(Bloomberg) -- Bank of America Merrill Lynch has a simple message for emerging-market bulls: See you in September.
Stocks, bonds and currencies from developing nations are heading for their worst quarter since 2015 as the dollar’s rebound and rising U.S. interest rates trigger a selloff in riskier assets. While the tumble may be starting to attract buyers, the bank’s strategists say assets won’t hit bottom until the end of the upper hemisphere’s summer. Relief may come once the euro-dollar rate drops to a floor of 1.12, from 1.17 now, in the third quarter.
“At the mid-year signpost we keep the cautious view of our year ahead,” strategists led by London-based David Hauner wrote in a report. “Positioning has been cut a lot, but has not capitulated”.
Still, BofA says any rally is likely to be “tactical” -- meaning it would be based purely on prices, not fundamentals. Contrary to the consensus, the strategists say they’re concerned that growth and current accounts in developing nations may deteriorate as the dollar keeps strengthening. In addition, China’s economy may slow further before the government decides to provide more stimulus.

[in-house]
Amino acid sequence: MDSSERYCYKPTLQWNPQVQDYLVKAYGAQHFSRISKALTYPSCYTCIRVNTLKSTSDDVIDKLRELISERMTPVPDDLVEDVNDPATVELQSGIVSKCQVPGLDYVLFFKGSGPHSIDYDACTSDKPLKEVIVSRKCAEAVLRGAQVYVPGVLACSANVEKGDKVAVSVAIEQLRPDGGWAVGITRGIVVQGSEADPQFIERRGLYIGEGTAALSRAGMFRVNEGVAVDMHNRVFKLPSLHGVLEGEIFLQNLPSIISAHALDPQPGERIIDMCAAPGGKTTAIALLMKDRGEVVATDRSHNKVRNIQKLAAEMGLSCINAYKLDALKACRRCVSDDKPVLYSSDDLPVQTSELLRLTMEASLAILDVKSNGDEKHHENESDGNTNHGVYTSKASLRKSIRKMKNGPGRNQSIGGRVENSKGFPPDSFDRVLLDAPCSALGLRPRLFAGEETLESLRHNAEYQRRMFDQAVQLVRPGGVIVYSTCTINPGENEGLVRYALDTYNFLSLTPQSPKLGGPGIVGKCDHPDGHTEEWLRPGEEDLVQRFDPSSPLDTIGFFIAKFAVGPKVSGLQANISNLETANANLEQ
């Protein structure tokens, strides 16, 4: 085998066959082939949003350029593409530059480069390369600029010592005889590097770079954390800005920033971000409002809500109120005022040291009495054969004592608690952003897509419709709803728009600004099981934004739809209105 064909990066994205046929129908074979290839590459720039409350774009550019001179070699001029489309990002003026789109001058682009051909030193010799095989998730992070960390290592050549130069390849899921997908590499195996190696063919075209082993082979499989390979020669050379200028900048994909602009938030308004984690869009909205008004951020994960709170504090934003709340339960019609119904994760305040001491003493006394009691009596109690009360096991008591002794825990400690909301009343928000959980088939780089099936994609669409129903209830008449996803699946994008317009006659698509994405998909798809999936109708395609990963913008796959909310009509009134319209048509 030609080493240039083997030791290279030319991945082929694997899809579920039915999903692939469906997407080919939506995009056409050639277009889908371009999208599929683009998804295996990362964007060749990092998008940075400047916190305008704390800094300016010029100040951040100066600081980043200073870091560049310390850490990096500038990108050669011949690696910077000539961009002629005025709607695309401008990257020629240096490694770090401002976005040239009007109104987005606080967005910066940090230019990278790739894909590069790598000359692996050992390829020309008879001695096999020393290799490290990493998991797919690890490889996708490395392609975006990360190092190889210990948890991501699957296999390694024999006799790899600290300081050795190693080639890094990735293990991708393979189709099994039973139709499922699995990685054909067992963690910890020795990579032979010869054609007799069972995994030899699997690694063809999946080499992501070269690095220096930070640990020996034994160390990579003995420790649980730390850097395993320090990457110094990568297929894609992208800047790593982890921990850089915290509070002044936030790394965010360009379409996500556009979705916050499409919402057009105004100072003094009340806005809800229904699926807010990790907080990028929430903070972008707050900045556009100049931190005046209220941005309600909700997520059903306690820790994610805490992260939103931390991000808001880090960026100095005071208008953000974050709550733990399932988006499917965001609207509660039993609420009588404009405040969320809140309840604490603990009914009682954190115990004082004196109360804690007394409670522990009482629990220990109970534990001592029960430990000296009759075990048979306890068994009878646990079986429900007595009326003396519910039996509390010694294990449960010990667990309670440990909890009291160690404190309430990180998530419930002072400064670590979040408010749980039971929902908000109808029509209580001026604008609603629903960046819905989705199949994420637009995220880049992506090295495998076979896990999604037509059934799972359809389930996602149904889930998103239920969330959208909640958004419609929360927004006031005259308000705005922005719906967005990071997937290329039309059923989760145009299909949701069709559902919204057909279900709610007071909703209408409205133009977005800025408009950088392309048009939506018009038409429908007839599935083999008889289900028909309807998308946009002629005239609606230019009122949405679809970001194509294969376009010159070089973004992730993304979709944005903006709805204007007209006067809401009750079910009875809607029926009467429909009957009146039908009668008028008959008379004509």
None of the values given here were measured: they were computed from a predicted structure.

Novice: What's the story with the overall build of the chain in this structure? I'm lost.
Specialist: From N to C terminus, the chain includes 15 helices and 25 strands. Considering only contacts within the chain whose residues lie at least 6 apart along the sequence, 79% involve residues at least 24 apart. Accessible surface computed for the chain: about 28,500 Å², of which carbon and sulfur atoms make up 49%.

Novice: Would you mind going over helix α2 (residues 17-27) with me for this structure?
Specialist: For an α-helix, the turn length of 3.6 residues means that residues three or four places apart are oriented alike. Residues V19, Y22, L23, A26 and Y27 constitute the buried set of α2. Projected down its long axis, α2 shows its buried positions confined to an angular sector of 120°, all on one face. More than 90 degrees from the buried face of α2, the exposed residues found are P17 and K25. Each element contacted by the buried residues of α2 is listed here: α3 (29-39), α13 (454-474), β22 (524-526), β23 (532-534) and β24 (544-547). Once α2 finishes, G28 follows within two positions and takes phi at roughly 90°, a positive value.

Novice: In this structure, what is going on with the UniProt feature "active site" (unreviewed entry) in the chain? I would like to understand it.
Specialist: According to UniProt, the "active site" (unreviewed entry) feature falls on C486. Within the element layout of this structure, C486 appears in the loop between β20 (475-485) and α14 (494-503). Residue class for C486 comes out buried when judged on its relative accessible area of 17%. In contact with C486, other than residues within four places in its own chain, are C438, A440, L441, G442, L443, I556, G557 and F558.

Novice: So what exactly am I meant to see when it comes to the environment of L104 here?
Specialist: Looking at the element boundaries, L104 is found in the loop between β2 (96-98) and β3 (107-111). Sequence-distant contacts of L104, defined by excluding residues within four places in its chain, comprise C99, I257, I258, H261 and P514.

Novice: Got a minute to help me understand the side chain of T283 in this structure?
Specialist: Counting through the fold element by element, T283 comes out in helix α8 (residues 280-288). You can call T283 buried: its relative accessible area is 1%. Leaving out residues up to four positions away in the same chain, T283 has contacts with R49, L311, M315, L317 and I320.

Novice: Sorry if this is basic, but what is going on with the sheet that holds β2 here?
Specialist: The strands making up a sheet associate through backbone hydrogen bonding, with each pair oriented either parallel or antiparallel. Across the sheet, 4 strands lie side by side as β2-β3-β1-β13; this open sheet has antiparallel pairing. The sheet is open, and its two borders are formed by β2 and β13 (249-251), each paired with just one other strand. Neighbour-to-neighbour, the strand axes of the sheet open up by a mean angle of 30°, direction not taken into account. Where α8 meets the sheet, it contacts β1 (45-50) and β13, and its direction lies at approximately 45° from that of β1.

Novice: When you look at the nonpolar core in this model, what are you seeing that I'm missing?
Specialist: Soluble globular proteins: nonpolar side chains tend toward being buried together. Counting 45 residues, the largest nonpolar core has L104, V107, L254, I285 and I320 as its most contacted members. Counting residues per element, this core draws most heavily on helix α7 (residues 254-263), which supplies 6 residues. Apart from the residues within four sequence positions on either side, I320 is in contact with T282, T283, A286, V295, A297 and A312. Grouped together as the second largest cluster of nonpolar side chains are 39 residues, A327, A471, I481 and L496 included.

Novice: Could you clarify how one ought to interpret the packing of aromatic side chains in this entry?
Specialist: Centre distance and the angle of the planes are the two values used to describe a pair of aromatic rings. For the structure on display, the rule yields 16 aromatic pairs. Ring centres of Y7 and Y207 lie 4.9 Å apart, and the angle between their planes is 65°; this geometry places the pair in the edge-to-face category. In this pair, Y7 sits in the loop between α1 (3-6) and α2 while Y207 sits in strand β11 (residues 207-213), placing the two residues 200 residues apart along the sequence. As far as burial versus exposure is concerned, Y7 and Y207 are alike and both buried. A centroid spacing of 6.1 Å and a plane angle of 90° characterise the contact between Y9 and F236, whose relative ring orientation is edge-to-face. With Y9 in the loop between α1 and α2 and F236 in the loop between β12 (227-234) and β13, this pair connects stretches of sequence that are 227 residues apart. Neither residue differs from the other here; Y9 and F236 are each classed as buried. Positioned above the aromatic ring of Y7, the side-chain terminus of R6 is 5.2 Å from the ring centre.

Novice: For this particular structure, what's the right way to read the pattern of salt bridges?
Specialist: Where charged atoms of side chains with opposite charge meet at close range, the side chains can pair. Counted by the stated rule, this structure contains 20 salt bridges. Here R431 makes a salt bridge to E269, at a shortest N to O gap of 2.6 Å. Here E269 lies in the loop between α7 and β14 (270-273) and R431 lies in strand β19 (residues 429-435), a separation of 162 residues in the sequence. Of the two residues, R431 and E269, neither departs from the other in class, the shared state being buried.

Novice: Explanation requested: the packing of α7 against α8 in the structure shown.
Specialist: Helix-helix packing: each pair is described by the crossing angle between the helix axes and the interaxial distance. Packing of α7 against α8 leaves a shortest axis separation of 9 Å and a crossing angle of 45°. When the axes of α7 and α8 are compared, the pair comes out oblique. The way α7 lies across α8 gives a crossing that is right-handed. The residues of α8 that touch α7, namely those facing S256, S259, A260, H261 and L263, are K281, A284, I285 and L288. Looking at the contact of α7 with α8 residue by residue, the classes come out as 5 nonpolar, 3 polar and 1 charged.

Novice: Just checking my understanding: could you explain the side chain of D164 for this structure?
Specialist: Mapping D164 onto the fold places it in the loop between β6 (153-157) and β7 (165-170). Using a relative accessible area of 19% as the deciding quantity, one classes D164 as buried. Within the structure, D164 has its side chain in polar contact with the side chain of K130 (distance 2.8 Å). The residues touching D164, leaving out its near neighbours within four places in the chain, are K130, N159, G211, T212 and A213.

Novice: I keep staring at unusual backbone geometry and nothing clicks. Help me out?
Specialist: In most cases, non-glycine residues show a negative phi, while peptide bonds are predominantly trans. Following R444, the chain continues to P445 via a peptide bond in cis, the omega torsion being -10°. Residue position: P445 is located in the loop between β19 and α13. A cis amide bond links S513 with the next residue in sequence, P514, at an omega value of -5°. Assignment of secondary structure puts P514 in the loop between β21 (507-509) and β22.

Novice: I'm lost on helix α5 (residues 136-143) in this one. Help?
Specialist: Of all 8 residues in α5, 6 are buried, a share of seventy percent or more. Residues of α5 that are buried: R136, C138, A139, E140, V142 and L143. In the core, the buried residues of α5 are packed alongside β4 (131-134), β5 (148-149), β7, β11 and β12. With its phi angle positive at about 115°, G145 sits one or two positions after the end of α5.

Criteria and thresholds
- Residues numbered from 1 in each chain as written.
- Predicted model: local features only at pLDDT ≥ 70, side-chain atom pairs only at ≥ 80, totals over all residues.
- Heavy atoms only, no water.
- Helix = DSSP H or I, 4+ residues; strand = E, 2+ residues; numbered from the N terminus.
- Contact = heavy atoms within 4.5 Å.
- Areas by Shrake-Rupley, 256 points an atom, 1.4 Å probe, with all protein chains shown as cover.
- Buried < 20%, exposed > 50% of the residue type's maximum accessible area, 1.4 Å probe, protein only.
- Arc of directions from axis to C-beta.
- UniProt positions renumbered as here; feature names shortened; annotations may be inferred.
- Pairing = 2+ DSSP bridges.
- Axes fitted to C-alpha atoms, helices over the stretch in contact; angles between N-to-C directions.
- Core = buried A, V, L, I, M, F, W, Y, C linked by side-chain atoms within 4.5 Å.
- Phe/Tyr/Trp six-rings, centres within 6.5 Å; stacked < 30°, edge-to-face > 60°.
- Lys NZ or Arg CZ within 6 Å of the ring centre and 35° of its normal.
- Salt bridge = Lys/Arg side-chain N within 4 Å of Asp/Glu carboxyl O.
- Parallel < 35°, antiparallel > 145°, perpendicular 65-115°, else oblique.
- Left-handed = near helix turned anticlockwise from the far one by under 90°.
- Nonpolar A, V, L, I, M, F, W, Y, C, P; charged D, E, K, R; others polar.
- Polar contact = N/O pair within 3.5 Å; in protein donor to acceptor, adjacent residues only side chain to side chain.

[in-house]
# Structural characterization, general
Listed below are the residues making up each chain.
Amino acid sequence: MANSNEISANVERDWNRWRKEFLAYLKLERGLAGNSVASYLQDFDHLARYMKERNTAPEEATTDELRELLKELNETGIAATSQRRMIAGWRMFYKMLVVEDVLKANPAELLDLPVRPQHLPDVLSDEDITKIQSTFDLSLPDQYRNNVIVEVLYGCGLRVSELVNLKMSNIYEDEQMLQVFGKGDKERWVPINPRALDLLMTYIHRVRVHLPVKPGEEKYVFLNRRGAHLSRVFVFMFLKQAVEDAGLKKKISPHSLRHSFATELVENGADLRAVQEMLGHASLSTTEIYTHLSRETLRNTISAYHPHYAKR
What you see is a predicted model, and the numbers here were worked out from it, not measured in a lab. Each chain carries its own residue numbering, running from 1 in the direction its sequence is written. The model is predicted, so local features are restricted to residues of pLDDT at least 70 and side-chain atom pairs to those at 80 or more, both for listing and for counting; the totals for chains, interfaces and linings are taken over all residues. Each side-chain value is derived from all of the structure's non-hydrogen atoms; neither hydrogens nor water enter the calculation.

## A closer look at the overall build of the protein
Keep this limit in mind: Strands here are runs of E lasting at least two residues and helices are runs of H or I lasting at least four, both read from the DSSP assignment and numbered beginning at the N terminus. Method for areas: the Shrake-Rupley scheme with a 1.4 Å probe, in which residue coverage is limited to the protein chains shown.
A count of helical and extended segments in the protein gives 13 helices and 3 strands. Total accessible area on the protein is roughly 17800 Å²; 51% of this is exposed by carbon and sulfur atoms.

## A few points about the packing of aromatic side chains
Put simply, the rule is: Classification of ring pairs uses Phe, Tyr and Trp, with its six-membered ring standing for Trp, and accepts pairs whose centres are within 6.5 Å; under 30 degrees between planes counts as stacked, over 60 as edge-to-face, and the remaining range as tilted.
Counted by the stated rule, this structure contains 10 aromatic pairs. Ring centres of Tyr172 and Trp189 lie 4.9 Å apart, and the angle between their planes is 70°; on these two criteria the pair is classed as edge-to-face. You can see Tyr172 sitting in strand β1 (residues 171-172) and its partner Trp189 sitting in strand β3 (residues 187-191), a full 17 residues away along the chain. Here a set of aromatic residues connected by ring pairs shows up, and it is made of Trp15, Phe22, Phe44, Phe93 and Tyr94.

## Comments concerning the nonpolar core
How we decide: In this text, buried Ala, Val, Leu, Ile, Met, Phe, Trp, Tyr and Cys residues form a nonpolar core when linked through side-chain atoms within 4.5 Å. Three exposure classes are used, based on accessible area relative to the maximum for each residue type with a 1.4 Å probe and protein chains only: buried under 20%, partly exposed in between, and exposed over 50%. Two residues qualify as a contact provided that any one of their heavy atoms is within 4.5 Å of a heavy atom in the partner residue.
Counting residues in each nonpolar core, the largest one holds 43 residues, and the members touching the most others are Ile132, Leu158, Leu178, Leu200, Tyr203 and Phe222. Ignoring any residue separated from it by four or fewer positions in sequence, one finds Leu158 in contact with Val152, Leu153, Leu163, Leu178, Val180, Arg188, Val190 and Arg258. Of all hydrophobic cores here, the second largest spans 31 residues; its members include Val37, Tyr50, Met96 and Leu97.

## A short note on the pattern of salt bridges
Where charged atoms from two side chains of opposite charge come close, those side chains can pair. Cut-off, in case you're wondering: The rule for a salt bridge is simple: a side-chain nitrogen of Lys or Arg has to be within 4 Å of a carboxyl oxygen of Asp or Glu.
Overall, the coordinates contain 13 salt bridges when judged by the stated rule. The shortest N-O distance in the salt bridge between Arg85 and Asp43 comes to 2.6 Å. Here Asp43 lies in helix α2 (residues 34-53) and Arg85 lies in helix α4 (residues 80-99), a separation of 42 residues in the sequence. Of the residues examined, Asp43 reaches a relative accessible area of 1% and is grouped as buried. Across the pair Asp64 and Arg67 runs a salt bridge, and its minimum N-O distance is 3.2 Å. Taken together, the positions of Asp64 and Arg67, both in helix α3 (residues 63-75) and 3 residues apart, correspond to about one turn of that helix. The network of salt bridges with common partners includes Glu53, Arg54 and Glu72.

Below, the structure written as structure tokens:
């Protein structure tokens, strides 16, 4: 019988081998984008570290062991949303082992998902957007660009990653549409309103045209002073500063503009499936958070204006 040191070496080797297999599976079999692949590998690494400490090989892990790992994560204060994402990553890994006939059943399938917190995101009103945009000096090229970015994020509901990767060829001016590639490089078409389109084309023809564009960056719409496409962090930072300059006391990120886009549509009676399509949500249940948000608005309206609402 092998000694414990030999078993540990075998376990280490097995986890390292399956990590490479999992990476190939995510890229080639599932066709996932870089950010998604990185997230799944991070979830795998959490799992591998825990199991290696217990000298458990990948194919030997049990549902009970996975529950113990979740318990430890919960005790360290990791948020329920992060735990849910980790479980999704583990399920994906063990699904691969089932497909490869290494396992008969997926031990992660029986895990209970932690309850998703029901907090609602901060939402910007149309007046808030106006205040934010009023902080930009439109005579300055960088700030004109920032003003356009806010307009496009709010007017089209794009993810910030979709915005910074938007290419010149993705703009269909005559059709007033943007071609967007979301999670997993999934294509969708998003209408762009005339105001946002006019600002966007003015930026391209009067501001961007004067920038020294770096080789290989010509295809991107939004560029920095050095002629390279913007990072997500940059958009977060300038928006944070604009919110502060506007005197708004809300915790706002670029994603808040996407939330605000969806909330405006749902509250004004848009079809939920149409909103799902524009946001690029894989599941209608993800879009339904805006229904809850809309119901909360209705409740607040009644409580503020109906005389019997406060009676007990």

“The strong USD in itself weakens fundamentals through tighter financial conditions, which then affect growth,” the strategists wrote. “So often, capital flows are the cause rather than the effect of good fundamentals in EM.”
BofA says any rebound will be temporary as investors return to a cautious mode given concern about an inverting U.S. yield curve in 2019. They have a particularly negative view for the yuan and oil, the “last shoes to drop,” the strategists wrote.
The bank says it still favors emerging-market bonds, although they aren’t particularly cheap. Long-term debt investors, the strategists say, haven’t sold developing-nation bonds due to the recent volatility, limiting the scope for marginal buying. The absence of compelling investment alternatives, however, makes it worth holding bonds at the current level, with dollar notes yielding about 6 percent and local debt around 8 percent.
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